Qikiqtarjuaq school reaches out virtually to kids in war-torn Ukraine
Principal David Falconer hopes it provides an escape for children in country devastated by Russian attack
Amid the bombing and violence in Ukraine, some children are getting an escape by learning about the Arctic.
“I really felt this could be one way where I can support these [Ukrainian children],” said David Falconer, principal at Inuksuit School in Qikiqtarjuaq.
He signed on to a program that gives Ukrainian children hour-long virtual lessons where they get to learn about another place in the world.
With Falconer, that place is Nunavut.
Ukrainian children log in to Zoom sessions at whatever location they can, then Falconer and other teachers at Inuksuit School tell them about life in Canada’s North.
He said the lessons, which have had as many 250 people taking part, provide Ukrainian children “an hour where they can dream and be totally separated from their current reality.”
In that hour, Ukrainian children have been learning about Inuit history and Arctic wildlife.
“Our hope is that when [the Ukrainian children] go to bed at night, they think about polar bears and seals and the Arctic,” Falconer said.
Russia invaded Ukraine Feb. 24 and continues its assault. The United Nations estimates more than four million Ukrainians have fled the country since the beginning of the war and several thousand have been killed.
Falconer said he joined the initiative to teach displaced children because he was displaced himself as a child when his family fled the Pinochet dictatorship in Chile.
Falconer was born in Chile and in 1973, when he was 11, a violent coup led by Chilean general and soon-to-be-dictator Augusto Pinochet overtook the country.
He said he remembers the sights, sounds and smells of the coup, from seeing jet planes that bombed the presidential palace to hearing machine-gun fire outside his house and the smell of burning debris.
“Those are things that one never forgets,” Falconer said.
With technology now able to connect people virtually even in war, Falconer said he sought an opportunity to help children going through a situation similar to one he once experienced.
He found that through this program — which still has no name — run by Daryna Sizhuk, a Ukrainian business manager at Cambridge Assessment English, an organization that teaches English internationally.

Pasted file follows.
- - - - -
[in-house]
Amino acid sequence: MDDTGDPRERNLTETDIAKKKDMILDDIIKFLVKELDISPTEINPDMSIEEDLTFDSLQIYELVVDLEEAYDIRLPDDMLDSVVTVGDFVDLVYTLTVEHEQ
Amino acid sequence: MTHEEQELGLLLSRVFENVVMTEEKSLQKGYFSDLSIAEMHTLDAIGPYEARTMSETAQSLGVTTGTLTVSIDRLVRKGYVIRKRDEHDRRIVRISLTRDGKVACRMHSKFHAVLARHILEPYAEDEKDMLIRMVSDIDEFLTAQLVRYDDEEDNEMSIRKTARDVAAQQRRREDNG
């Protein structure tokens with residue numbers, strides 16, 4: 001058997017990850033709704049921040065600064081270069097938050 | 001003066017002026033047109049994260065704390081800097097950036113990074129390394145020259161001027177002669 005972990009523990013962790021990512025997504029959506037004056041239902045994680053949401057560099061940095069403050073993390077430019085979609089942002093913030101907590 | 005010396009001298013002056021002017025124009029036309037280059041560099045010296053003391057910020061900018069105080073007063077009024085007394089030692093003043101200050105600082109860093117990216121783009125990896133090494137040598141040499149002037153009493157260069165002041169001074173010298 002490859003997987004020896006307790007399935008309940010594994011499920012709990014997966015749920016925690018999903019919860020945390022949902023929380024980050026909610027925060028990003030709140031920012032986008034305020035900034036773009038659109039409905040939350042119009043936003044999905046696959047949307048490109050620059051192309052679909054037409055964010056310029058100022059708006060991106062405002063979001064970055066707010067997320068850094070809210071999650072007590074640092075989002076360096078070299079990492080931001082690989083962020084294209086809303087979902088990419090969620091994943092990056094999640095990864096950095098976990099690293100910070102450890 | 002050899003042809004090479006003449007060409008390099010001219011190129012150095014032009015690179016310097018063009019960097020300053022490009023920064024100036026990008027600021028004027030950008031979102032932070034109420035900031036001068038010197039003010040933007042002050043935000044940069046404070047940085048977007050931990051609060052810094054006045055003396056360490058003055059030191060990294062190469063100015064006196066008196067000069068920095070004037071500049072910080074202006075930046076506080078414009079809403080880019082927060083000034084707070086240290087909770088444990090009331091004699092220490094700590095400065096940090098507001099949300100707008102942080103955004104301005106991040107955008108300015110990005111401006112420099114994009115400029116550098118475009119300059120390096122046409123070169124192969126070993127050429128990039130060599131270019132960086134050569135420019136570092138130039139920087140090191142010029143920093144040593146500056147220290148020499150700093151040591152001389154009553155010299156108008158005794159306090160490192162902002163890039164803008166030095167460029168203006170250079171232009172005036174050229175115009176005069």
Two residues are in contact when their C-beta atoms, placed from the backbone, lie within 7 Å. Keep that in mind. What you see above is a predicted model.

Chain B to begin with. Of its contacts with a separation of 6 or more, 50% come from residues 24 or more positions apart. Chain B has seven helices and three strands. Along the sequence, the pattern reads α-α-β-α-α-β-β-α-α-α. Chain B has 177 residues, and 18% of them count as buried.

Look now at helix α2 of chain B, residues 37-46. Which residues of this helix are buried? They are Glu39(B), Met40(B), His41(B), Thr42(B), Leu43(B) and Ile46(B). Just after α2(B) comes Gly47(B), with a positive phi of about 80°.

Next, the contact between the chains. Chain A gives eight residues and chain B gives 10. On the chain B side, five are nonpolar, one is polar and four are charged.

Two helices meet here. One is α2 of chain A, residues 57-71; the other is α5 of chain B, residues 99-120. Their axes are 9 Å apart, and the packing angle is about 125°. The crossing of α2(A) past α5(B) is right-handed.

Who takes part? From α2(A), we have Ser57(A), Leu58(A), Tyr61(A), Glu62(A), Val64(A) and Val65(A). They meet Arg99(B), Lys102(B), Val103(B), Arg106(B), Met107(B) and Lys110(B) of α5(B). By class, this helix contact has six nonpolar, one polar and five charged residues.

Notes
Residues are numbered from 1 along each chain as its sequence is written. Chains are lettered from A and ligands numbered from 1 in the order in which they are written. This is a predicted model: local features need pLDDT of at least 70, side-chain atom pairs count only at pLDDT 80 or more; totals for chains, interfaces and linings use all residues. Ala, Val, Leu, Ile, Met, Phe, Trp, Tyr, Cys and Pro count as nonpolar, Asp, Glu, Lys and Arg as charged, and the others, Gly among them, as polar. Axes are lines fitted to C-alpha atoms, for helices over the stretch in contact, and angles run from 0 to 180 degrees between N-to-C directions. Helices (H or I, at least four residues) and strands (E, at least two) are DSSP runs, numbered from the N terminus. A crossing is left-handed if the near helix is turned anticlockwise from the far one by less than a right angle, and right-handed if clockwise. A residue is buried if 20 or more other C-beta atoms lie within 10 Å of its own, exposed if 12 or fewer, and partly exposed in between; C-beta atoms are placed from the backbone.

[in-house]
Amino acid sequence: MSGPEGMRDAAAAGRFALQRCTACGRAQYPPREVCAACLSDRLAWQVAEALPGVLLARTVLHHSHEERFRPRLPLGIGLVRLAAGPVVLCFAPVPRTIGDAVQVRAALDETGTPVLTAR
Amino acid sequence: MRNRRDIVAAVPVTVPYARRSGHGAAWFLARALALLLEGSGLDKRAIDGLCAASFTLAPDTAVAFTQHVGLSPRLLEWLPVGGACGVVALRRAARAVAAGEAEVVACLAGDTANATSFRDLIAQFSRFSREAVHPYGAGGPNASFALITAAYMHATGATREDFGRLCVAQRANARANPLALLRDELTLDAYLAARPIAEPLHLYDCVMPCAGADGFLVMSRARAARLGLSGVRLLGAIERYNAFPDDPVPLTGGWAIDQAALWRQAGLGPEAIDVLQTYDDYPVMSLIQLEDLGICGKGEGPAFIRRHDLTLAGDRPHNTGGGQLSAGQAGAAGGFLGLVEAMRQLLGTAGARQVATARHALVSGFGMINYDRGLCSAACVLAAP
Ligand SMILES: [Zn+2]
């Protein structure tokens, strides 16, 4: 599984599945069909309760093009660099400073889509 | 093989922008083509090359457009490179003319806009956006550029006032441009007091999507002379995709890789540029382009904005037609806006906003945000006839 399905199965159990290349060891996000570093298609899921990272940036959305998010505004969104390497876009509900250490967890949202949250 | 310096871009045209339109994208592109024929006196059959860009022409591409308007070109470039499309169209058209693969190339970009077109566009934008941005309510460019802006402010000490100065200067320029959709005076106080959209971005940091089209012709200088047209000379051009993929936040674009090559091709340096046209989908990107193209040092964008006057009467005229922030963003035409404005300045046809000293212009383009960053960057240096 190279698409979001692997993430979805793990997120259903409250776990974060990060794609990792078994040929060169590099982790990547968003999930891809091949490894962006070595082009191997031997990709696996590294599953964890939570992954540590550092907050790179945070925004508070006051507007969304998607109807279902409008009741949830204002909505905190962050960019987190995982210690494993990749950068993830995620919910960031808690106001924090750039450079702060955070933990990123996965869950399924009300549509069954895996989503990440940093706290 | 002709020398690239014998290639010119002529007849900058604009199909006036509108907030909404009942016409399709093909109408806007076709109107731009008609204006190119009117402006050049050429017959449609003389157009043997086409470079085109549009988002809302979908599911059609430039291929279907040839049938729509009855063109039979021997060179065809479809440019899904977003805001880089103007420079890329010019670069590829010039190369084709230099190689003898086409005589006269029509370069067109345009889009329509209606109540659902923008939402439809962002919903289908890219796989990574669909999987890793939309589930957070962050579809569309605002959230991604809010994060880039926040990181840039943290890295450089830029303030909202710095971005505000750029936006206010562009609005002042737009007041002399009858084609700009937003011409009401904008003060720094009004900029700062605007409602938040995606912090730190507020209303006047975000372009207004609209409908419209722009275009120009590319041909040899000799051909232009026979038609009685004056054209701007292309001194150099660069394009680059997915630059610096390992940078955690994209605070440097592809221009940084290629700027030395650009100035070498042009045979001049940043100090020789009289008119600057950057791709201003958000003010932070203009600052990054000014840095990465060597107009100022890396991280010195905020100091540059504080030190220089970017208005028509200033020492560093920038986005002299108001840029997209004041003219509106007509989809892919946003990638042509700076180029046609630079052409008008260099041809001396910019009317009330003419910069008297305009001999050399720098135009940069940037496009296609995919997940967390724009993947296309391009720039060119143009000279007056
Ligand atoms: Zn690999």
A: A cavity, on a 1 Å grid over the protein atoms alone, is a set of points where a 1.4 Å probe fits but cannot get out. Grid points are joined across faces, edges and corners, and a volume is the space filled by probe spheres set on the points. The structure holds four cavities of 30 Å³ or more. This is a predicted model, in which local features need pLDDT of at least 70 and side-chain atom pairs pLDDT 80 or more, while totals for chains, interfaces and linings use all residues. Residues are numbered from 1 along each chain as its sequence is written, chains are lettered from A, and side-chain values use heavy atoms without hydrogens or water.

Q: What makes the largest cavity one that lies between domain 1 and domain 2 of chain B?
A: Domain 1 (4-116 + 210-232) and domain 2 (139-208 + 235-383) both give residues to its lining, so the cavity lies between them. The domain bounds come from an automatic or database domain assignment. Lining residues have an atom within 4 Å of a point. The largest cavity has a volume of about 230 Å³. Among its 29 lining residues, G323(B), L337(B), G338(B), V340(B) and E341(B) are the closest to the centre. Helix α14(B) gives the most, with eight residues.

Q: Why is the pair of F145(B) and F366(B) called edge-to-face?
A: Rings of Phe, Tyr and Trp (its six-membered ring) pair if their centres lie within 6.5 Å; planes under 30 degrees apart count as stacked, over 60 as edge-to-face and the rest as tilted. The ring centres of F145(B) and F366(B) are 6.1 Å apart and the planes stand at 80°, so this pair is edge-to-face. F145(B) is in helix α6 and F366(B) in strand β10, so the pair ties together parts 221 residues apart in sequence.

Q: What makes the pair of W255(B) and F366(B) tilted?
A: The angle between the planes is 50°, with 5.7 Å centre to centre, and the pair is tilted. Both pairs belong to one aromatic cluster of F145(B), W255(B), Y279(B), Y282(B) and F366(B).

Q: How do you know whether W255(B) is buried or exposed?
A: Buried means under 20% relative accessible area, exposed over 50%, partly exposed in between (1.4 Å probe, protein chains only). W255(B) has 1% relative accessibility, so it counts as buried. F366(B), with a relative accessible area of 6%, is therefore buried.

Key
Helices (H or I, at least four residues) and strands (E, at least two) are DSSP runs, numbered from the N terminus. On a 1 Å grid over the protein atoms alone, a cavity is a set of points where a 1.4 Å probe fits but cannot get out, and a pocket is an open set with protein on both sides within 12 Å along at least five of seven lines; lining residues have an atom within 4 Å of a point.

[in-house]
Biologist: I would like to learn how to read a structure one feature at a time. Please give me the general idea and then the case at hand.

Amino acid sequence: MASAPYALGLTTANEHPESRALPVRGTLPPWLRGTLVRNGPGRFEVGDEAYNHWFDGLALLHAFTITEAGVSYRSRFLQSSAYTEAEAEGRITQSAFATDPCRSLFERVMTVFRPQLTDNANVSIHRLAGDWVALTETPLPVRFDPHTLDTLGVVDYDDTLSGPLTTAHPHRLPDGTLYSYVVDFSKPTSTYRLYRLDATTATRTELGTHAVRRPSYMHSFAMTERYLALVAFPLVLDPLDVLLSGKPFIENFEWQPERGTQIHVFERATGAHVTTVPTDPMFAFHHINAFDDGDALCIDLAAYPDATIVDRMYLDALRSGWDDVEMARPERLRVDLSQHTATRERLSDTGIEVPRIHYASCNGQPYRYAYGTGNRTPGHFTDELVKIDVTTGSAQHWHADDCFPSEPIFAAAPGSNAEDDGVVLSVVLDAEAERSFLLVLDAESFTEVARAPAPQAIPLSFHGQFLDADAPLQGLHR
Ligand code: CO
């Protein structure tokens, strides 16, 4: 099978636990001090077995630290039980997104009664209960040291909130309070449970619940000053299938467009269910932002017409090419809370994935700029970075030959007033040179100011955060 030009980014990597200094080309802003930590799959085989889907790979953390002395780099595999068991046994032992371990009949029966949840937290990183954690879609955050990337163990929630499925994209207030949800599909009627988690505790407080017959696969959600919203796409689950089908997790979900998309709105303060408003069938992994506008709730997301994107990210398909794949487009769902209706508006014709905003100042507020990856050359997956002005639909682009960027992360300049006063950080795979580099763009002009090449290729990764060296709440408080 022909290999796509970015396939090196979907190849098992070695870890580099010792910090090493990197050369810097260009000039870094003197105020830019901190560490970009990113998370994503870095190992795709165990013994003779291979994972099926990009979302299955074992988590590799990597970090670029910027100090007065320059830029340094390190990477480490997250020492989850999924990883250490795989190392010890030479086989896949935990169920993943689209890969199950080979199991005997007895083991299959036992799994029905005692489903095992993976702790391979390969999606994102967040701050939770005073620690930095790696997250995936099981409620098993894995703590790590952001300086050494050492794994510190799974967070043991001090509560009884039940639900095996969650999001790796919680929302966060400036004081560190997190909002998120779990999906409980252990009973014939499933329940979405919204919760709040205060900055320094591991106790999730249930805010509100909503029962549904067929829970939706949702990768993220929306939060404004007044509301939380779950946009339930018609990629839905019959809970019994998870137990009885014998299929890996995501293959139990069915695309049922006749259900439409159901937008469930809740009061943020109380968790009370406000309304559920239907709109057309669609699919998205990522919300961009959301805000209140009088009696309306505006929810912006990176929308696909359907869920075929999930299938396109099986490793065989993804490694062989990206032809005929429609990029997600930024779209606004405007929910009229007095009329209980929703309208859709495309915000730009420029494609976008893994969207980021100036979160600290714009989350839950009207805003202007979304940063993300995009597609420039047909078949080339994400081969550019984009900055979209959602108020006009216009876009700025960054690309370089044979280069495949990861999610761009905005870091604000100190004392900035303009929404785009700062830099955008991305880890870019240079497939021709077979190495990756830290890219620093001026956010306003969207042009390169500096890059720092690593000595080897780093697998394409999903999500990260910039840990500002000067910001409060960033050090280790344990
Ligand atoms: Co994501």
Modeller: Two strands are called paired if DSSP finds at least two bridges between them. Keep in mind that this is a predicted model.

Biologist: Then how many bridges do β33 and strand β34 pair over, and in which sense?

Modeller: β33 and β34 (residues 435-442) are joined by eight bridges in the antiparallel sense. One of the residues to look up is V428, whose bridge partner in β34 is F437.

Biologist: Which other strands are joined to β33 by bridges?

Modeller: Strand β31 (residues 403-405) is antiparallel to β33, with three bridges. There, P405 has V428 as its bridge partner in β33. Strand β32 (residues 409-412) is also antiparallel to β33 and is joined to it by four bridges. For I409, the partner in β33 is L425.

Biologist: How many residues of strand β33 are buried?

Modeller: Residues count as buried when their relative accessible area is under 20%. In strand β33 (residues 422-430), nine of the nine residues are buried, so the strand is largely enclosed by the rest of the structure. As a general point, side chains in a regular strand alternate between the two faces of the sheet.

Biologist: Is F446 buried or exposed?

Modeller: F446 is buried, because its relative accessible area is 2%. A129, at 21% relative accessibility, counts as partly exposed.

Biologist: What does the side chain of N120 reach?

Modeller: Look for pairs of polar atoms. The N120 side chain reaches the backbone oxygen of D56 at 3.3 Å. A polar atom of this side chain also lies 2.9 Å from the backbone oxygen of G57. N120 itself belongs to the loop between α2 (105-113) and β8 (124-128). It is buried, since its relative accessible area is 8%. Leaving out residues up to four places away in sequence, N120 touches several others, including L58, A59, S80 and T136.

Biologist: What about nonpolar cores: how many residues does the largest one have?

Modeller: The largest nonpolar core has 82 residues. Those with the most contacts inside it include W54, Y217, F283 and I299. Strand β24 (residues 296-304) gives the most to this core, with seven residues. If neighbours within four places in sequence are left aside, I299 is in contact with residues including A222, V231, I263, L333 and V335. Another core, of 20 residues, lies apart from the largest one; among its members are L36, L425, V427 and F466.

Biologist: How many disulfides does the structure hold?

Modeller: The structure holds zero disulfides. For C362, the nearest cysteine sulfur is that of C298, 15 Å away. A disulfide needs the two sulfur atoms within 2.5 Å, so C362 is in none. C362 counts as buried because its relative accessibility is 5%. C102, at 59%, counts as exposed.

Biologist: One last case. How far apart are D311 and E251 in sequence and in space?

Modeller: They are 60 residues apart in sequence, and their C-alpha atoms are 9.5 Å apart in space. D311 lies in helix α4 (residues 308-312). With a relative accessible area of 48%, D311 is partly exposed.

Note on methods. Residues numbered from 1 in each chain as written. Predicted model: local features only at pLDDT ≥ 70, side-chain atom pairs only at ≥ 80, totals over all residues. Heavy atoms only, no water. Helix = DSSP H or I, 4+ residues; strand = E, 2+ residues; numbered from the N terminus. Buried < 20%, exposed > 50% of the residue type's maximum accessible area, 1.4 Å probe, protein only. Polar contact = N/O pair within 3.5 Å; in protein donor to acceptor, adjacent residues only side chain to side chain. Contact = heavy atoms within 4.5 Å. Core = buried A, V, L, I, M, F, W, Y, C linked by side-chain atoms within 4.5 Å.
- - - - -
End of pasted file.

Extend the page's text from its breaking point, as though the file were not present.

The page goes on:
She teamed up with members of Ukrainian teaching organization Smart Osvita to coordinate sessions between teachers and children. Sizhuk then posts the sessions on Facebook for people to join.
Through virtual teaching, children can still log in from bomb shelters and basements to escape their difficult reality for an hour, Sizhuk said.
She said she has been happy to have teachers from around the world join the program, including Falconer in the Arctic.
Ensuring Ukrainian children can still receive education is hers and her colleagues’ way of contributing.
“We’re doing what we can,” she said, in an interview via Zoom.
It’s not only Falconer who has connected with Ukrainian children: At Inuksuit School, which runs from kindergarten to Grade 12, teachers such as Nicole Journal and Charlotte Miller have also joined in.
Journal said she did a session where she taught Ukrainian children about life in the Arctic, explaining what dog teams are, how people go hunting, and what activities are done on the land.
Having children escape war through immersing themselves in the Arctic was “really, really powerful,” she said.
Miller, who teaches grades 5 and 6, said her class in Inuksuit School was able to connect with the Ukrainian children and they did dances and exercises together.
“The [Inuksuit students] love the idea that they were dancing and there were people dancing in a different part of the world at the same time,” Miller said.
Falconer said the lessons being organized are supposed to be educational, but “ultimately, our goal is to have these kids know that people care and if there’s anything we can do, we’re here.”